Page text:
The Opium War famously began China’s “Century of Humiliation” in which foreigners invaded, defeated, and humiliated the Chinese. Blatant racism in the treaty ports, exemption from Chinese laws and police authority, and reliance on foreign gunboats to intimidate locals were just some of the many indignities visited on China. This gaping wound is not at all forgotten in today’s China; the memory of these events is cultivated and perhaps distorted by China’s leaders. It forms the basis for much of the Chinese government claims of legitimacy.
Robert Bickers has already detailed the origins of this system in his 2011 book, The Scramble for China: Foreign Devils in the Qing Empire, 1832–1914. The current volume picks up the story from World War I until the return of [End Page 148] Hong Kong and Macao at the end of the twentieth century. A substantial volume of over 500 pages, it details almost every aspect of the foreign presence in China and why it causes such a strong reaction. This is a story of conflict. Bickers uses Western rather than Chinese sources for the most part, but he has done a prodigious job of research, turning up many surprising aspects of the Western presence in China. Bickers is also known for his lively writing style; his clear, jargon-free prose makes this a work accessible to undergraduates and the general reading public while still being of interest to scholars.
Bickers often begins chapters with an obscure or overlooked episode from which he teases out hidden insights. At other times he takes a familiar episode but presents it in an unfamiliar light. The first chapter, “Armistice,” begins with the celebrations in China at the end of World War I. All across China there are commemorations of the event in which Chinese participated alongside the Western powers. Yet there was a disjuncture between foreigners and Chinese. China was part of the victorious Allied coalition but was not treated as such by the British and French; the celebrations highlighted the tension and the racism of the day. War memorials in the Treaty Ports omitted mention of China, and China’s treatment at Versailles was a bitter disappointment.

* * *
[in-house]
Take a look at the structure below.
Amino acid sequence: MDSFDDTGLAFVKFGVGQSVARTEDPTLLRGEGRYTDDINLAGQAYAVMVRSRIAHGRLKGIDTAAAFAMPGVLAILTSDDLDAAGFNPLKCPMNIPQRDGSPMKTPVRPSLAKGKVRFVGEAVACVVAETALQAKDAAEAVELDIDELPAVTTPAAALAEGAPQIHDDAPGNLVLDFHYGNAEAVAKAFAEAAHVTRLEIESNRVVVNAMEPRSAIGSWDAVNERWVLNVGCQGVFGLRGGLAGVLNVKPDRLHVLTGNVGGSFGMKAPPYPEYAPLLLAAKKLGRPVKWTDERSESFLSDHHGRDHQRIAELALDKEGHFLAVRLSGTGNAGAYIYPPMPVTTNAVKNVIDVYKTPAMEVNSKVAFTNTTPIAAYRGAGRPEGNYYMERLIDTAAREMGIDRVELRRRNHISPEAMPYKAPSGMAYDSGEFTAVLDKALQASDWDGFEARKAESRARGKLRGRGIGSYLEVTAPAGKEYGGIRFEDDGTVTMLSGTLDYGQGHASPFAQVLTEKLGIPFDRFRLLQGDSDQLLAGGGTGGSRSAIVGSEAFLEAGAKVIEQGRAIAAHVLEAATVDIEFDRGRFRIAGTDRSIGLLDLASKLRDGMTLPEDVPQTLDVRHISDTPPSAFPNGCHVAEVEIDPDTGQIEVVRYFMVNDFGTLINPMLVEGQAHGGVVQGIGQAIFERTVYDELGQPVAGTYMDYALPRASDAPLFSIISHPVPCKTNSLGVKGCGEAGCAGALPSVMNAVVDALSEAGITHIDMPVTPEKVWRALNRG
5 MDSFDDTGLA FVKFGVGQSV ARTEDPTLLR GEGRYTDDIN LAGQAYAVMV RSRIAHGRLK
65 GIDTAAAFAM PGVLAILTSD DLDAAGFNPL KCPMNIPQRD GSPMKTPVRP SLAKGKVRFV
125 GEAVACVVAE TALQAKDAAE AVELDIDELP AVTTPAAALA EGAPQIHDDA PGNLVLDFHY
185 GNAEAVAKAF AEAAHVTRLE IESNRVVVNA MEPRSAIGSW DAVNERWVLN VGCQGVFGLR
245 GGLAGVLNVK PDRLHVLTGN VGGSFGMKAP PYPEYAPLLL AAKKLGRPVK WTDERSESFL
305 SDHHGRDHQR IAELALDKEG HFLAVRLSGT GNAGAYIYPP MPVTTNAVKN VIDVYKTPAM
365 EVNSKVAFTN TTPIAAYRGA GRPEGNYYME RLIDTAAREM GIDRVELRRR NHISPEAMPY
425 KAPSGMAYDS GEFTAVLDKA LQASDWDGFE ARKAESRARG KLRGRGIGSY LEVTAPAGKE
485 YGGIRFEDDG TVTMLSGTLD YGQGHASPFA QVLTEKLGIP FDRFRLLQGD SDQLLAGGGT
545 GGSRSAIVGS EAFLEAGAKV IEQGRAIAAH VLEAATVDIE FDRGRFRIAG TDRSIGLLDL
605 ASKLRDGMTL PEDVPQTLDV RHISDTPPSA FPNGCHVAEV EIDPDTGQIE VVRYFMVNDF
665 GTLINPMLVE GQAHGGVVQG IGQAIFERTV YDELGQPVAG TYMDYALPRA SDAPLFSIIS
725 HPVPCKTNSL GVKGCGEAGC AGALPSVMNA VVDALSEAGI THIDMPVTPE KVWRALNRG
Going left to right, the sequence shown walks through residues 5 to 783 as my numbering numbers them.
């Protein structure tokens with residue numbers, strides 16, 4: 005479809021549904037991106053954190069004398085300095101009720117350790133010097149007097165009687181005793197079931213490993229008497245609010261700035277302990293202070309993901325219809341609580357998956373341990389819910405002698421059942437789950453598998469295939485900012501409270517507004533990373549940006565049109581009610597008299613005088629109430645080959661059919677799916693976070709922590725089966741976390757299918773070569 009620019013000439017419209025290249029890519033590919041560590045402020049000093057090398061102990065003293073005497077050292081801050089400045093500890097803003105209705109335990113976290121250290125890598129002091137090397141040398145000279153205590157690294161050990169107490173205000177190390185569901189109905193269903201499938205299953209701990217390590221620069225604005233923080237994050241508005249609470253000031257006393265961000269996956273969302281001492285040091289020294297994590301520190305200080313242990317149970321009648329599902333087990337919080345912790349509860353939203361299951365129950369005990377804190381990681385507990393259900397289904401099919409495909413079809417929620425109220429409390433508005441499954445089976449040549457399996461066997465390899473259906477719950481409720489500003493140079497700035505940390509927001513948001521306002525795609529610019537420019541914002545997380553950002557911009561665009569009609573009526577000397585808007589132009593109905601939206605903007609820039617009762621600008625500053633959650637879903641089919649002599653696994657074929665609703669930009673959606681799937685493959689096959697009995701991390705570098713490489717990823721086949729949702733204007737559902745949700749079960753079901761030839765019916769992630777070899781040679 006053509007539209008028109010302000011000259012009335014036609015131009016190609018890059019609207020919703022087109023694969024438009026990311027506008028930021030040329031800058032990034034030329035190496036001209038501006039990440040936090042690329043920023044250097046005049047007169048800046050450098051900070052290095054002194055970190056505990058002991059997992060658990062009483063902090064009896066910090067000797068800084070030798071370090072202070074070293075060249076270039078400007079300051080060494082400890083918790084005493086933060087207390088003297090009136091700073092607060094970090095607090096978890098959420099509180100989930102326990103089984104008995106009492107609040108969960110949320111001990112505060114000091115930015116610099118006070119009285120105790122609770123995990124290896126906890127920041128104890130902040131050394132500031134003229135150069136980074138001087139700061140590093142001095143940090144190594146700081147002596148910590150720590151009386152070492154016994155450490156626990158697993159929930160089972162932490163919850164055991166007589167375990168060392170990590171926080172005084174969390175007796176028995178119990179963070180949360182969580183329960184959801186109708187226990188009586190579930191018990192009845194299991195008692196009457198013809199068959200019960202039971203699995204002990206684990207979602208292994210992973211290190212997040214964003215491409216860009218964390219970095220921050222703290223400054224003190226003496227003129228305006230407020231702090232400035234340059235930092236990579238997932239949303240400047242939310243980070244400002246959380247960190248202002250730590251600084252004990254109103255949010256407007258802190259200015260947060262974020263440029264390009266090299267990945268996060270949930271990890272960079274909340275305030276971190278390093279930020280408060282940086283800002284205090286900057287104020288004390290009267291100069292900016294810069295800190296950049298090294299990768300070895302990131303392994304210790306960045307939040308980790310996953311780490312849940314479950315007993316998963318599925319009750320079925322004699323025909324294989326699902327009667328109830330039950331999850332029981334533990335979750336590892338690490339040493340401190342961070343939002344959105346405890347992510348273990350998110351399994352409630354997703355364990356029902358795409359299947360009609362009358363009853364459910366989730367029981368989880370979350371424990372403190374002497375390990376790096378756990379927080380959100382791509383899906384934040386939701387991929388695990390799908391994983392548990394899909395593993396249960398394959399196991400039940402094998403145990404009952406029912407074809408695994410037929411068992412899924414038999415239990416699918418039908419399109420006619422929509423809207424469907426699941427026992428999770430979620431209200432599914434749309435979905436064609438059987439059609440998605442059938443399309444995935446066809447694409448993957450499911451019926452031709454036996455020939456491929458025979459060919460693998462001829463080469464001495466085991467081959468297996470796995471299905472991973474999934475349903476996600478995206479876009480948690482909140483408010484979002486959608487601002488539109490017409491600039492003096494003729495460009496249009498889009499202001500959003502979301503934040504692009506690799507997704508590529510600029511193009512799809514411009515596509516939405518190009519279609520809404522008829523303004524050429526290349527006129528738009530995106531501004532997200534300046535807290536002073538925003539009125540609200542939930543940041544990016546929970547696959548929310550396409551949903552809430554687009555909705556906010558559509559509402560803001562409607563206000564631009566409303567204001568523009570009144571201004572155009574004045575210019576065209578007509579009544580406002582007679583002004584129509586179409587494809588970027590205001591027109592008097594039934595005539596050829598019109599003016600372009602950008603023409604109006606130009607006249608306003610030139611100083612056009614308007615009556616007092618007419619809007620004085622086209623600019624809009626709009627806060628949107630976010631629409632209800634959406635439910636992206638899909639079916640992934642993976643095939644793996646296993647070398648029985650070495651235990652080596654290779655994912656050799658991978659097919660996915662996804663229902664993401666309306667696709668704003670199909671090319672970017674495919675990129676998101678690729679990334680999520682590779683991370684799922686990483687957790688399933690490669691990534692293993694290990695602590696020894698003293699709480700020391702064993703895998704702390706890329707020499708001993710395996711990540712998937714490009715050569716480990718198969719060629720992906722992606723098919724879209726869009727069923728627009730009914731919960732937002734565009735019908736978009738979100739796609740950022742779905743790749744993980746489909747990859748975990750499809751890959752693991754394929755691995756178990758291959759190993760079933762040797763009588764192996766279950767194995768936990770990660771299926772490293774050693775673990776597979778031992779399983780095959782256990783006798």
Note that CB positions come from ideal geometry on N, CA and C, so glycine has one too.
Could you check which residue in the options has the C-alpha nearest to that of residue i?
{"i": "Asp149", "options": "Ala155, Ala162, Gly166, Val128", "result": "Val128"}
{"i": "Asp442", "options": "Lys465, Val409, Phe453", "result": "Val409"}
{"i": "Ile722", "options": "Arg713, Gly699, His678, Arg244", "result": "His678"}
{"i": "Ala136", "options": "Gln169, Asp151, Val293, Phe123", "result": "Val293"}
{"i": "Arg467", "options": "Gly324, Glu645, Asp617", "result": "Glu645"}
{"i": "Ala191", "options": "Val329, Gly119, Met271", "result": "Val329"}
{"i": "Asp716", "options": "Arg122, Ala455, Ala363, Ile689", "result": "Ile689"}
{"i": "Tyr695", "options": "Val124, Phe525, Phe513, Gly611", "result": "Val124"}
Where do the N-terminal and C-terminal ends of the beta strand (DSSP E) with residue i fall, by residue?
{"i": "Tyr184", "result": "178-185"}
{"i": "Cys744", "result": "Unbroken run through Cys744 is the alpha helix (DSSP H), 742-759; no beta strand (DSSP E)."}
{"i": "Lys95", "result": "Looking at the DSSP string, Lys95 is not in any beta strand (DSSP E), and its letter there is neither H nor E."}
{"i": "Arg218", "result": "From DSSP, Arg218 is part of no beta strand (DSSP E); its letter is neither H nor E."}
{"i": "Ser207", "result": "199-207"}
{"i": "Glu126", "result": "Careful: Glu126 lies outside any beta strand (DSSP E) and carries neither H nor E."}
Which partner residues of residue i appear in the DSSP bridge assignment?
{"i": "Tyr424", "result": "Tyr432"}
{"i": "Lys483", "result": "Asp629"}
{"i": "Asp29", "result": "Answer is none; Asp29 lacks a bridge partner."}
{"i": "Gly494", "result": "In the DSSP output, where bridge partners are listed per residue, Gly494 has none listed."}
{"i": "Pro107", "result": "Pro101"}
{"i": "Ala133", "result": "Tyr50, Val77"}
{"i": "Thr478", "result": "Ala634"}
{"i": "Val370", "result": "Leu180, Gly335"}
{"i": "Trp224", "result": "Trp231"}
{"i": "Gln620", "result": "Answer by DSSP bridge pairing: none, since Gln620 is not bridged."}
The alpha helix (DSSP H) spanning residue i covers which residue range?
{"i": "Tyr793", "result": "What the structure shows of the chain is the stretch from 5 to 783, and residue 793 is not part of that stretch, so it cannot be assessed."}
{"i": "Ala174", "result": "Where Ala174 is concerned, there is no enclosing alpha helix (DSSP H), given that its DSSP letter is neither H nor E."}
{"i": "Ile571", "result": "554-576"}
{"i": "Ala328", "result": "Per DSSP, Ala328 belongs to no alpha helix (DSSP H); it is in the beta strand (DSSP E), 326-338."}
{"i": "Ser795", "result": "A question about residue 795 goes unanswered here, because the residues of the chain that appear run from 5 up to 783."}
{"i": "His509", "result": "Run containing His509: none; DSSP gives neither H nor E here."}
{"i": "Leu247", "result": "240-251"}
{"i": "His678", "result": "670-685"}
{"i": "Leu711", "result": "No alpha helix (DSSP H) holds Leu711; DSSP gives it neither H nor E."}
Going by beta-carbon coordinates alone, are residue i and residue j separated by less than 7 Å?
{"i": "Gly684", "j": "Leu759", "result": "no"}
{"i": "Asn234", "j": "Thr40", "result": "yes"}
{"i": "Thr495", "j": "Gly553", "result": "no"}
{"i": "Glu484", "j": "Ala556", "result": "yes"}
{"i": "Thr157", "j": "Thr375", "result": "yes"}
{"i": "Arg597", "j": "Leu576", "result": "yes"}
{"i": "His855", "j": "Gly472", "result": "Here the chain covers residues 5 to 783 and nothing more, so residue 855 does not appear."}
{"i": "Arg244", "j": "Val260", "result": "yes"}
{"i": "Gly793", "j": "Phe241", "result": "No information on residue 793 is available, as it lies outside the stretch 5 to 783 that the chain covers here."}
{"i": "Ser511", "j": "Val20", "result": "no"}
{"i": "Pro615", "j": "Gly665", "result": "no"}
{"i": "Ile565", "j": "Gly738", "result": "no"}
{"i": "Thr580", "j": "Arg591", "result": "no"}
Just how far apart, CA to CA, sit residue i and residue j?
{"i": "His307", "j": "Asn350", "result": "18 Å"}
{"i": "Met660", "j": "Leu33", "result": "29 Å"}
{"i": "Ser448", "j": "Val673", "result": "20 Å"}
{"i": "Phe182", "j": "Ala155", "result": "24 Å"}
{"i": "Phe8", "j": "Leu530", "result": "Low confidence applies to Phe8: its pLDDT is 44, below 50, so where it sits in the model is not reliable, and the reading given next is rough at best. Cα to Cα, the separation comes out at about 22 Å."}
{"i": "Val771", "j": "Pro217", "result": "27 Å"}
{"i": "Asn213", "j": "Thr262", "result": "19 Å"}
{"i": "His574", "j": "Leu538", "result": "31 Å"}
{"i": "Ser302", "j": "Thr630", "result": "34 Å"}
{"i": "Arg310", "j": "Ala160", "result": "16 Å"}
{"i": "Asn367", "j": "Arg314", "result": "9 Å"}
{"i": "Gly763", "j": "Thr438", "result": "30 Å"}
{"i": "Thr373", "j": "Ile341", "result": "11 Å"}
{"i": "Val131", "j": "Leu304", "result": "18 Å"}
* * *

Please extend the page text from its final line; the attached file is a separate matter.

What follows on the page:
Bickers provides a rich description of the 40,000 foreigners who resided in the forty-eight treaty ports at war’s end. Bickers contends that most came to China as a career move, often living a better lifestyle than would have been possible at home. But they were a diverse lot—missionaries, businessmen, diplomats, and Comintern agents, among others. In chapter 2, “Making Revolution,” the author turns his attention to the First United Front in Guangzhou and the fallout from the May Thirtieth Movement of 1925. Much of this is familiar territory, but Bickers opens with a novel approach, contrasting the modernization occurring in the Chinese city of Guangzhou with the old-fashioned foreign enclave on Shamian Island, a relic of the treaty port days of old, where the violence of May 30th took a sudden turn for the worse. As foreign diplomats began to recognize the need to accommodate a rising Chinese nationalism, old China hands in Shanghai resisted even the most modest of changes. Even the adding of a few token Chinese to the Shanghai Municipal Council was fought to the bitter end.
The Western community in China was diverse and often at odds with the diplomats from their home countries. By contrast, the Japanese kept fairly strict control over subjects of the Japanese Empire in China. Those from Japan were required to join the Japanese Residents Association which answered to the home government. As tensions between Japan and China worsened in the 1930s, Japan demanded greater participation in the Shanghai Municipal Government, a move resisted by Britain in particular. The British clung to their privileged tradition in a rearguard action as the Japanese challenge [End Page 149] mounted. After war erupted in 1937, the major bastion of semi-colonialism, the Chinese Maritime Customs, came under...